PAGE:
def. Lyoto Machida: $200,000
Lorenz Larkin: $66,000 (includes $33,000 win bonus)
def. Santiago Ponzinibbio: $10,000
Antonio Carlos Junior: $34,000 (includes $17,000 win bonus)
def. Eddie Gordon: $15,000
Thiago “Marreta” Santos: $32,000 (includes $16,000 win bonus)
def. Steve Bosse: $10,000
Hacran Dias: $26,000 (includes $13,000 win bonus)
def. Levan Makashvili: $12,000
Alex Oliveira: $24,000 (includes $12,000 win bonus)
def. Joe Merritt: $10,000
Leandro Silva: $28,000 (includes $13,000 win bonus)*
def. Lewis Gonzalez: $8,000
Tony Sims: $20,000 (includes $10,000 win bonus)
def. Steve Montgomery: $10,000
Sirwan Kakai: $20,000 (includes $10,000 win bonus)
def. Danny Martinez : $10,000
The total disclosed payroll was $601,000
Gonzalez was docked 20% of his fight purse for not making weight. Machida’s payout is on par what he has been receiving although the 37-year old may be heading toward the downside of his career (and his pay). Romero and Larkin were the next two highest paid on Saturday earning $33K and $33K.
June 11, 2015
Forbes announced its annual list of highest paid athletes. As expected, boxer Floyd Mayweather, Jr. topped the list earning $300 million including endorsement deals. His opponent, May 2nd, Manny Pacquiao landed second on the list.
Mayweather tallied $285 million in pay from June 2014 to June 2015. He earned $100 million on fight night against Pacquiao but the revenue does not include PPV (which were an astronomical 4.4 million buys), gate ($73 million) and fight sponsorships ($13 million). According to Forbes, the fight is expected to gross $600 million once the dust settles. For his May fight, he also earned another $15 million in sponsorship money from Hublot, FanDuel and Burger King. Mayweather’s earnings also include his September 2014 fight with Marcus Maidana.
Pacquiao landed second on the list earning $160 million. The earnings include his November 2014 fight in Macau against Chris Algieri. Pacquiao earned $125 million in pay from the Mayweather fight and $23 million from his Algieri fight. He drew $148 in pay and drew $12 million in endorsements from a variety of sponsors including Nike, Foot Locker, Wonderful Pistachios, Nestle’s Butterfinger and a variety of Filipino sponsors. Prior to the event, it was reported that Pacquiao would garner $2.25 million from sponsors on his trunks alone.
It’s the third time Mayweather has topped the list and his earnings set the record for athlete earnings in a year. Tiger Woods earned $115 million in 2008 which was the previous record.
Wladimir Klitschko made the Forbes Top 100 paid athletes at #63 making $22.5 million. There were no MMA fighters on the list.
The list reflects the fact that boxing’s top stars command the most money. Overall, the sport of boxing may not pay all of its fighters well, but the earning power of Mayweather and Pacquiao show that the sport is still a draw when there are big fights. The money made by Mayweather this year is based on the split in revenue from the Pacquiao fight in which he controlled a dominant share of the money drawn from the event. It’s unlikely we’ll see another athlete earn this much money in a 12 month span for a long time.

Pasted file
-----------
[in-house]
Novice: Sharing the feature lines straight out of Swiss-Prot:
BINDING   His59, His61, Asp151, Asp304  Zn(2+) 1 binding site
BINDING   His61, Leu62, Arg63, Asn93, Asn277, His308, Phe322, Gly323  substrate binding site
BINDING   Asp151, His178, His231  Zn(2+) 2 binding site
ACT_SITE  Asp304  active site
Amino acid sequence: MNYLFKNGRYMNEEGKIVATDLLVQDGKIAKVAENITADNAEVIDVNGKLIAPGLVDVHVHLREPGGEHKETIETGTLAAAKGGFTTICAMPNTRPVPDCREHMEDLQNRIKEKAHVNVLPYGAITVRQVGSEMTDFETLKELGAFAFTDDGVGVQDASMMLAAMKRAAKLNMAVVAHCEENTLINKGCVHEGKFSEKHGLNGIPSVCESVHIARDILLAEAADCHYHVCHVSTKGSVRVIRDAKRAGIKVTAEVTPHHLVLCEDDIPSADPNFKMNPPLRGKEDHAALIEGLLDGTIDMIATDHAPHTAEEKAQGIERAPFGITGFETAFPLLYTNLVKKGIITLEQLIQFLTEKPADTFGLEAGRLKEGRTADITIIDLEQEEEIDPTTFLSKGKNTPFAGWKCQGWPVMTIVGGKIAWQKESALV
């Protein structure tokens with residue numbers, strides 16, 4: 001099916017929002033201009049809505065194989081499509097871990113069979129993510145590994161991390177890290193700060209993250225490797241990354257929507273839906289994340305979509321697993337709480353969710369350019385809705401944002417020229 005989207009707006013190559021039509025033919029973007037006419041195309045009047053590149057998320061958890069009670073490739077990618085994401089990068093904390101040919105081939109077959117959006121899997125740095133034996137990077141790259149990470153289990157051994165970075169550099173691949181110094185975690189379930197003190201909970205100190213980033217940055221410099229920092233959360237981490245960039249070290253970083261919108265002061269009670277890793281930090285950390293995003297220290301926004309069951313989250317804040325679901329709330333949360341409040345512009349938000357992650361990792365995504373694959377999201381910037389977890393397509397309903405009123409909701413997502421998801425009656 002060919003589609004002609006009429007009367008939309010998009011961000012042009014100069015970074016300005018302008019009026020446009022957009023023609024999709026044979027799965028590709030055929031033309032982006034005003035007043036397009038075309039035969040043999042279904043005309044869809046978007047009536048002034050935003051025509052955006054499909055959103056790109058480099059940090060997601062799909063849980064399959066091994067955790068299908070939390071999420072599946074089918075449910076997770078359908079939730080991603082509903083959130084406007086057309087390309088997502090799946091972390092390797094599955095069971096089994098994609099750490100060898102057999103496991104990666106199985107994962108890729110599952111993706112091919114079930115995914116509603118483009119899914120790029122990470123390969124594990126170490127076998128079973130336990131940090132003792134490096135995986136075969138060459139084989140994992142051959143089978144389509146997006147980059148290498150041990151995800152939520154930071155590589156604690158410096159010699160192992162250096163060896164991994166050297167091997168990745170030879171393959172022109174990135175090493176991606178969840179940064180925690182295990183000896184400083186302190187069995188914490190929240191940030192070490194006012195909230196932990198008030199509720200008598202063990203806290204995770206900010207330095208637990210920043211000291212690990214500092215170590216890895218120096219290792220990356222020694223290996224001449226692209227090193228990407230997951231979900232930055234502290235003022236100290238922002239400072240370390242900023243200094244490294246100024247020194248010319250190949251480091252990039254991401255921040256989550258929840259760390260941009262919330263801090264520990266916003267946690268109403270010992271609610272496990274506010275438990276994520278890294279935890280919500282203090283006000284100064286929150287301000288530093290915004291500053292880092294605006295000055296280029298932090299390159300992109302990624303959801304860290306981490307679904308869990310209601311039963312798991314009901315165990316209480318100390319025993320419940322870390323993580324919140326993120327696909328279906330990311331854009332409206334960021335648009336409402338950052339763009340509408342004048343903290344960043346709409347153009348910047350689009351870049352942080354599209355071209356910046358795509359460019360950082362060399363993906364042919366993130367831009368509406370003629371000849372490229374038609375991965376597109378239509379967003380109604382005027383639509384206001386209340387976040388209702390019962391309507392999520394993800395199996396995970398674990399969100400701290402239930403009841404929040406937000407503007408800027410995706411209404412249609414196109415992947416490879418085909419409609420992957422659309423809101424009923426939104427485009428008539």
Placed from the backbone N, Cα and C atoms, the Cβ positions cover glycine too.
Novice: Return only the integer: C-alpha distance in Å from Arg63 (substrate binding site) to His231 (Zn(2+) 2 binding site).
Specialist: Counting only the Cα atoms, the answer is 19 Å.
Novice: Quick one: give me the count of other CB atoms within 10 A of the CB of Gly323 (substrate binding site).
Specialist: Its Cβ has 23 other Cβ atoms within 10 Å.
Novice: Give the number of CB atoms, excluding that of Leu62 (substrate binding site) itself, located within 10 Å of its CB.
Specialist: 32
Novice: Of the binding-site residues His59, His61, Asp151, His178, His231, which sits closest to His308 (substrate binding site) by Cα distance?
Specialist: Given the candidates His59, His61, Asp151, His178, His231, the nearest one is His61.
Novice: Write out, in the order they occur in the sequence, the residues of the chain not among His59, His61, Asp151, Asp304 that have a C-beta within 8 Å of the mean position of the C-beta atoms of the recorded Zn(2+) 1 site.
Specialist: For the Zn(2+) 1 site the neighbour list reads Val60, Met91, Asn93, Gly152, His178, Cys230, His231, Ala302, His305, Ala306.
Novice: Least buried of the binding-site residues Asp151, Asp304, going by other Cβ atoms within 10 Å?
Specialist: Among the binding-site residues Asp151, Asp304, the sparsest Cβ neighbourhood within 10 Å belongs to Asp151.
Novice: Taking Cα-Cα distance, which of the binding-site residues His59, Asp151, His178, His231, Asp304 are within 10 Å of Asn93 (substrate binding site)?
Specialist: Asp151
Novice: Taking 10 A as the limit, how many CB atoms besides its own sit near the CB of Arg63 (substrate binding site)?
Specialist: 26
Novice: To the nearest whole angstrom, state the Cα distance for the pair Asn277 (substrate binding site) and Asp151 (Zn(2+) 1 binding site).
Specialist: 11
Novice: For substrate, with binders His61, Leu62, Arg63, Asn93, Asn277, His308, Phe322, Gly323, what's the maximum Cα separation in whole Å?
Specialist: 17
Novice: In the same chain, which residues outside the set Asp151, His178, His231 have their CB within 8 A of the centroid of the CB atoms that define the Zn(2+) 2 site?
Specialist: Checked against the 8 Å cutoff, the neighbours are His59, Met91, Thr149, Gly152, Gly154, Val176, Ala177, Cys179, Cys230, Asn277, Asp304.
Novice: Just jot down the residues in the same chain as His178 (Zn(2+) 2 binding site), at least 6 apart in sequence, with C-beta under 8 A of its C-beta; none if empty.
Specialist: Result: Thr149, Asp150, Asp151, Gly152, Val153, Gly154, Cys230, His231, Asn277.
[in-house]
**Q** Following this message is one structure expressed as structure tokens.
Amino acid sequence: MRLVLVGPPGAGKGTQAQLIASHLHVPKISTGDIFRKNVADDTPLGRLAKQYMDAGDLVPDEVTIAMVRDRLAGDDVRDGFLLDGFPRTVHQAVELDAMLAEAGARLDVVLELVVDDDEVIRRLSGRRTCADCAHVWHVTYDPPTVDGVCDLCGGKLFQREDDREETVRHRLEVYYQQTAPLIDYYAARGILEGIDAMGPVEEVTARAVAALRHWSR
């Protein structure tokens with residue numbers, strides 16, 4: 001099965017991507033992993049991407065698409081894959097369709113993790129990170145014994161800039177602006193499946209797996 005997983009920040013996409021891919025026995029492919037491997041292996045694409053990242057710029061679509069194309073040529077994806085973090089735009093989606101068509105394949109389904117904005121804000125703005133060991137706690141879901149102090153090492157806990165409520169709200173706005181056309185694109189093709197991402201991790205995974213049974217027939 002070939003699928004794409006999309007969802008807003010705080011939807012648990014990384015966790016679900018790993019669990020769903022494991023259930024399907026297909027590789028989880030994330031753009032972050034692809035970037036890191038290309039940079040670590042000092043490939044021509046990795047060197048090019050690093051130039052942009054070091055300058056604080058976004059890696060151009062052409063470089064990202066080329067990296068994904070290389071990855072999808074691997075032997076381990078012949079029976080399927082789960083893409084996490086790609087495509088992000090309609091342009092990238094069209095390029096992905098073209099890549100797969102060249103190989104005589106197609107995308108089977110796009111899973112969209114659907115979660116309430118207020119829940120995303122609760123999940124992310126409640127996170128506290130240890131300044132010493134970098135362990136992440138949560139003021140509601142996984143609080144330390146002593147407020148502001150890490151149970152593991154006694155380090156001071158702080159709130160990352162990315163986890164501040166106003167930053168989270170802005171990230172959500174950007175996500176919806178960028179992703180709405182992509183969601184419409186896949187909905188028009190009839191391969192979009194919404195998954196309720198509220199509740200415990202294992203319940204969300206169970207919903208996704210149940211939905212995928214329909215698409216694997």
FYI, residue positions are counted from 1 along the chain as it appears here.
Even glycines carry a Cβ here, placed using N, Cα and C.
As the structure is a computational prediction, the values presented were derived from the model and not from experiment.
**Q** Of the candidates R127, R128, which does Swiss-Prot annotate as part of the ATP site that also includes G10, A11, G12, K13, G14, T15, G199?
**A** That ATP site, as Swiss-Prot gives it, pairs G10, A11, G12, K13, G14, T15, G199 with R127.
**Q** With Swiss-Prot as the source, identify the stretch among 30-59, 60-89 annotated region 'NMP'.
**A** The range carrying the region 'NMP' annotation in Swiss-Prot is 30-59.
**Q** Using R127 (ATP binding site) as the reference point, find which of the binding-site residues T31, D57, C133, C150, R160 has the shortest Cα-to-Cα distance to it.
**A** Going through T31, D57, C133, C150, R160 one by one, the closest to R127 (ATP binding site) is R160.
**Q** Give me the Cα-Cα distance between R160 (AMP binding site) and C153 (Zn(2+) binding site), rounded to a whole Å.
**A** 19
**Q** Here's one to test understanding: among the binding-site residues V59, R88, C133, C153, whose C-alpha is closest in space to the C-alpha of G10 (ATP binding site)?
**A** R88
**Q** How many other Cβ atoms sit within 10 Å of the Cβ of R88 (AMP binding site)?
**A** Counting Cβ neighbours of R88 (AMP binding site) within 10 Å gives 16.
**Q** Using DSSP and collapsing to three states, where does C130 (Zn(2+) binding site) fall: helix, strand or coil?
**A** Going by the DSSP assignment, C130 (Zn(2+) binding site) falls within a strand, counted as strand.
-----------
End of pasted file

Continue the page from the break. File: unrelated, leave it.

May 26, 2015
The Nevada State Athletic Commission released the salaries from Saturday’s UFC 187. Notably, Chris Weidman and Anthony Johnson received $500,000 each for their respective fights.
Via MMA Junkie:
Daniel Cormier: $180,000 (includes $90,000 win bonus)
def. Anthony Johnson: $500,000
Chris Weidman: $500,000 (includes $250,000 win bonus)
def. Vitor Belfort: $300,000
Donald Cerrone: $152,000 (includes $76,000 win bonus)
def. John Makdessi: $30,000
Andrei Arlovski: $84,000 (includes $42,000 win bonus)
def. Travis Browne: $60,000
Joseph Benavidez: $106,000 (includes $53,000 win bonus)
def. John Moraga: $28,000
John Dodson: $40,000 (includes $20,000 win bonus)
def. Zach Makovsky: $19,000
Dong Hyun Kim: $116,000 (includes $58,000 win bonus)
def. Josh Burkman: $45,000
Rafael Natal: $70,000 (includes $35,000 win bonus)
def. Uriah Hall: $14,000
Colby Covington: $24,000 (includes $12,000 win bonus)
def. Mike Pyle: $51,000
Islam Makhachev: $20,000 (includes $10,000 win bonus)
def. Leo Kuntz: $10,000
Justin Scoggins: $30,000 (includes $15,000 win bonus)
def. Josh Sampo: $13,000
According to MMA Junkie, Rose Namajunas received her show and win pay despite her fight with Nina Ansaroff being cancelled. Namajunas received $50,000 plus $2,000 from Ansaroff’s purse due to her missing weight. Not only was Ansaroff sick, but she missed weight and was fined her show money of $8,000. Thus, she received $6,000.
It’s unbelievable to see Johnson receive $500,000 for his fight against Cormier. This makes him the highest paid fighter of the night if you consider Weidman is making $250K/$250K. Johnson just signed a new contract and he steps up big-time in pay. His last contract had him at $53k/$53K. Not clear if this new deal is a flat fee (i.e., no win bonus) but it is sure to make other fighters up for a new contract take notice. Aside from Johnson and Weidman, Vitor Belfort, Daniel Cormier, Donald Cerrone, Joseph Benavidez and Dong Hyun Kim earned six figures on Saturday.
April 20, 2015
Sports Business Journal reports (subscription recommended) that the UFC is making a change to the way it will compensate its fighters through the Reebok deal. Instead of paying fighters based on media rankings, it will pay fighters based on a “tiered system” based on tenure or number of UFC bouts fought.
There will be 5 tiers based on the number of fights an individual has had with the UFC. The article indicates that the UFC will count fights with the WEC and Strikeforce into the number of fights an individual has fought with the organization. There will be tiers of 1-5 fights, 6-10 fights, 11-15 fights, 16-20 fights and more than 21 fights according to the article.